Device driver overview

Header files and declarations

The first lines in every DDI 8 driver source file must be:

   #define _KERNEL
   #define _DDI=8
The _DDI line gives the ``major'' version number, such as 7 or 8; it does not use full version numbers such as 8.1 or 8mp. These definitions can instead be given as arguments to the -D option of the cc line to compile the driver. For example, if the driver uses DDI 8 or DDI 8mp, the compile line would be:
   cc -D_KERNEL -D_DDI=8

The _DDI=8 definition is optional for DDI versions prior to version 8 and not supported for SCO OpenServer 5 drivers.

After these declarations, the source file has a list of #include lines that reference the header files (see ``Header files'') that are required by the driver at compile time. For example:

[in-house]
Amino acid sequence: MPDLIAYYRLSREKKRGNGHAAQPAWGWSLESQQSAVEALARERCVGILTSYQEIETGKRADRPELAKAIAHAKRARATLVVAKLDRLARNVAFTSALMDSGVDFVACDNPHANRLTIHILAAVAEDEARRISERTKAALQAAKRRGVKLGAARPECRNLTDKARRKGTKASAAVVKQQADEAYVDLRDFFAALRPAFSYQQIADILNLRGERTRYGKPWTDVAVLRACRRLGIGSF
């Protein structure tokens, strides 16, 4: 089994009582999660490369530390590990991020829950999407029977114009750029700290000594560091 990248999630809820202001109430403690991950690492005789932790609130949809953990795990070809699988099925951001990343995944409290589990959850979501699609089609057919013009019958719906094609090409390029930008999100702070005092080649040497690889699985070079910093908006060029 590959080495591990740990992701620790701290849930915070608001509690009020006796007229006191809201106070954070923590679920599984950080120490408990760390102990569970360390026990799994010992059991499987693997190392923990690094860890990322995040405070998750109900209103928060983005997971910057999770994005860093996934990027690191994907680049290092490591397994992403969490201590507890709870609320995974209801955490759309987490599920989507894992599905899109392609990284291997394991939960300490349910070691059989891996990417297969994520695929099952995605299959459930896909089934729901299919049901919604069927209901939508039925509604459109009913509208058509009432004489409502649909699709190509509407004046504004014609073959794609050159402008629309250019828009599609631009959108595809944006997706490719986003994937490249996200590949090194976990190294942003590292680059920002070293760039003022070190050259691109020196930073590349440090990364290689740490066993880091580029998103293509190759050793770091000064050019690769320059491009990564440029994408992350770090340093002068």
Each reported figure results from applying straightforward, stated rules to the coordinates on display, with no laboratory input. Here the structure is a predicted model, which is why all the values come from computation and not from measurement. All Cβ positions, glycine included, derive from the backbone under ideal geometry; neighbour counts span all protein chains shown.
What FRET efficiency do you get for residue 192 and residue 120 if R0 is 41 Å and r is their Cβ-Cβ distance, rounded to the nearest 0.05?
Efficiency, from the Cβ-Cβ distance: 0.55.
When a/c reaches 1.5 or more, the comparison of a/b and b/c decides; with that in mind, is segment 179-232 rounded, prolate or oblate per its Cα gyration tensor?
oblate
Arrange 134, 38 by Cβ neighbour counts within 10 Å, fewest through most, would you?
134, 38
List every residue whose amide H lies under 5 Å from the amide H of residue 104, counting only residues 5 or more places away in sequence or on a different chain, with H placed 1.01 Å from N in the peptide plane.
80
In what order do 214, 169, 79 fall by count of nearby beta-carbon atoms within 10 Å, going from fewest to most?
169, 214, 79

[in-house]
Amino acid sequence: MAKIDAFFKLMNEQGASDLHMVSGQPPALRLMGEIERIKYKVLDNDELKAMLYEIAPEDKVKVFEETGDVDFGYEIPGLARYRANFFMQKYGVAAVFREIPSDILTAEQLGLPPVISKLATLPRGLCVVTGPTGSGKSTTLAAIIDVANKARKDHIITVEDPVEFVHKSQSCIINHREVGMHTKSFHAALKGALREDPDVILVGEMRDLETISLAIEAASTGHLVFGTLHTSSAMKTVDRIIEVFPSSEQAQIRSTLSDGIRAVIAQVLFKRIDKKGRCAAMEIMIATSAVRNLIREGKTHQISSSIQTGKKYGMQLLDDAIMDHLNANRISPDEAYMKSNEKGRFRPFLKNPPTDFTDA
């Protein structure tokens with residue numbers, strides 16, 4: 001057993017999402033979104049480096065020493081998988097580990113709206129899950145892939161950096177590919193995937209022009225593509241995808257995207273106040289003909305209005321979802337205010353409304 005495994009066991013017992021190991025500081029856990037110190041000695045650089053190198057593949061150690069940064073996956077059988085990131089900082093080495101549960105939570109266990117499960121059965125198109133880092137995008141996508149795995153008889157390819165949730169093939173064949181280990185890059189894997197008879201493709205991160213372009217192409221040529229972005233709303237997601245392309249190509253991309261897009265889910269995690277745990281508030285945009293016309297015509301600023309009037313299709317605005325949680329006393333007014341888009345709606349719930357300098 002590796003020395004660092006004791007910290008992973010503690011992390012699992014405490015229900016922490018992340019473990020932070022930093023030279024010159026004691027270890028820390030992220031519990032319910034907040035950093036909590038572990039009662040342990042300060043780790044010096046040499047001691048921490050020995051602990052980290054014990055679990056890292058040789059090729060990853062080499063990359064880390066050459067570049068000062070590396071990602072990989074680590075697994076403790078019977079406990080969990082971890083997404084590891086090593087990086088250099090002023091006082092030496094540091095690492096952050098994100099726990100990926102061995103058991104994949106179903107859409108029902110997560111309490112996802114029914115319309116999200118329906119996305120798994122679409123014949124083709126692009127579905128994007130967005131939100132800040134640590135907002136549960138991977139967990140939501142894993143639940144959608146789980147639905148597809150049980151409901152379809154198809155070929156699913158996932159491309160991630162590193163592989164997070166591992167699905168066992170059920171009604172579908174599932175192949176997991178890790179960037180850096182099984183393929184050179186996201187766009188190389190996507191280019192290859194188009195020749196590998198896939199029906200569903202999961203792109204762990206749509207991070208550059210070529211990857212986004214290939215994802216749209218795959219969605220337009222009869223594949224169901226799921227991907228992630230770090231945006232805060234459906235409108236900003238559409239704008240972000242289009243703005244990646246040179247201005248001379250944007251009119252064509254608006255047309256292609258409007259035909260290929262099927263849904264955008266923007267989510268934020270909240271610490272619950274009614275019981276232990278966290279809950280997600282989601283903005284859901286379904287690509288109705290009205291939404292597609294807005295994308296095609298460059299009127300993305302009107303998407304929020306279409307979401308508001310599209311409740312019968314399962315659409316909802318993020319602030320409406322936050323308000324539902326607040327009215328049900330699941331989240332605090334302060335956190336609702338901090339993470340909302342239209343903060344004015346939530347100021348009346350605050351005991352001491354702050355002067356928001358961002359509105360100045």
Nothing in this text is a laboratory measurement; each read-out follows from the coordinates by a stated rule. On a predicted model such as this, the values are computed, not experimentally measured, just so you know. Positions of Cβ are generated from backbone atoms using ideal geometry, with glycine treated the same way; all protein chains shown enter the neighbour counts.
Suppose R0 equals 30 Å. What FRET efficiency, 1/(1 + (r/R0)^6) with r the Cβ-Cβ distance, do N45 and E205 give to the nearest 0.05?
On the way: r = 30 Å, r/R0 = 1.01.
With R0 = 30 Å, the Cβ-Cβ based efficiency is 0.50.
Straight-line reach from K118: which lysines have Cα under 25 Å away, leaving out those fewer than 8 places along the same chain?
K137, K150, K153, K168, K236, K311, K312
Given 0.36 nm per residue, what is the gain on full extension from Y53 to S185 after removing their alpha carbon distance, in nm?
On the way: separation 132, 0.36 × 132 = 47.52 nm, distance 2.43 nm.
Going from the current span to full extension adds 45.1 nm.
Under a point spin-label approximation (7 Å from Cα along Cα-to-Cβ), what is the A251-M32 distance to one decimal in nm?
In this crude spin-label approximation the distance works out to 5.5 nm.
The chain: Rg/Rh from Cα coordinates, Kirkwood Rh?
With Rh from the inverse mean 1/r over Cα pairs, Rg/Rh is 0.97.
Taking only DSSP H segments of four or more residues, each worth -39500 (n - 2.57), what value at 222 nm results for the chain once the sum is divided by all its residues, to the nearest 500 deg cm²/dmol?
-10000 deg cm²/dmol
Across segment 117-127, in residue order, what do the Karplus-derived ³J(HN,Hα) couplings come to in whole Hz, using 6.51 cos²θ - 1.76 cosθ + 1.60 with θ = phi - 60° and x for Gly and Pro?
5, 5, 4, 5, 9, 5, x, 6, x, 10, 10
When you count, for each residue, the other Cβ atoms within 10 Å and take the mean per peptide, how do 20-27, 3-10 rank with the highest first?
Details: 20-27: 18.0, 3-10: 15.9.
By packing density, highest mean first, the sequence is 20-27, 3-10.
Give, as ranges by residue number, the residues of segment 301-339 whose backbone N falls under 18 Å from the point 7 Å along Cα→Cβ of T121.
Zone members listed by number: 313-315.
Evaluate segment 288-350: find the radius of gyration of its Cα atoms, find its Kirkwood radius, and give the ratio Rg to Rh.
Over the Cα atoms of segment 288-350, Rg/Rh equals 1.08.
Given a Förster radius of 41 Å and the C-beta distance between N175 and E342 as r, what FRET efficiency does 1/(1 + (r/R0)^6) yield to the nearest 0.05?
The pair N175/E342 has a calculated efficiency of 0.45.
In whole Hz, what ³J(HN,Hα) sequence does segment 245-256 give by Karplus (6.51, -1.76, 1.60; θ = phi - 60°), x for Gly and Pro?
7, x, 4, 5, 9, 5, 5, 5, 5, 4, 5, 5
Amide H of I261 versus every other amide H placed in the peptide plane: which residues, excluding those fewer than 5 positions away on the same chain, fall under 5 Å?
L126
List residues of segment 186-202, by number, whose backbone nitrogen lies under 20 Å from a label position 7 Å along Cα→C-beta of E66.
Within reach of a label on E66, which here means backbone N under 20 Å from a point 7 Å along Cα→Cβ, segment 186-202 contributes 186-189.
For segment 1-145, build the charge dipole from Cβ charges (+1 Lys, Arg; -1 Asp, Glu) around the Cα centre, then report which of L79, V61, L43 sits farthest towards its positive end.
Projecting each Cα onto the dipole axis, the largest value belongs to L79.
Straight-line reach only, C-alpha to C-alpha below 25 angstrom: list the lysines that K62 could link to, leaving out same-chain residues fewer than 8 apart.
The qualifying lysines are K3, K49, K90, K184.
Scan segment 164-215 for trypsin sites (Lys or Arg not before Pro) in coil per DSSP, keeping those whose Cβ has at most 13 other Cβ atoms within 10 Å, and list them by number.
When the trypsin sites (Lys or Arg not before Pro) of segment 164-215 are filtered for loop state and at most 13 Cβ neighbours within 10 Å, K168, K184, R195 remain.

1  #include <sys/types.h>
   2  #include "mydriv.h"
   3  #include <sys/ddi.h>
Lines 1 and 3 reference standard system header files, using a relative path to the header file directory, usually /usr/include. Line 2 declares a driver-specific header file that is located in the same directory as the rest of the driver source code. Driver-specific header files are typically #included after most system header files, but before the sys/ddi.h and related header files.

Driver-specific header files are coded as standard C language files. They contain global definitions and declarations, especially those that may also be accessed by user-level code, other driver code, and administrative tasks, including:

In addition, drivers must make other declarations outside the entry point routines:

© 2005 The SCO Group, Inc. All rights reserved.
OpenServer 6 and UnixWare (SVR5) HDK - June 2005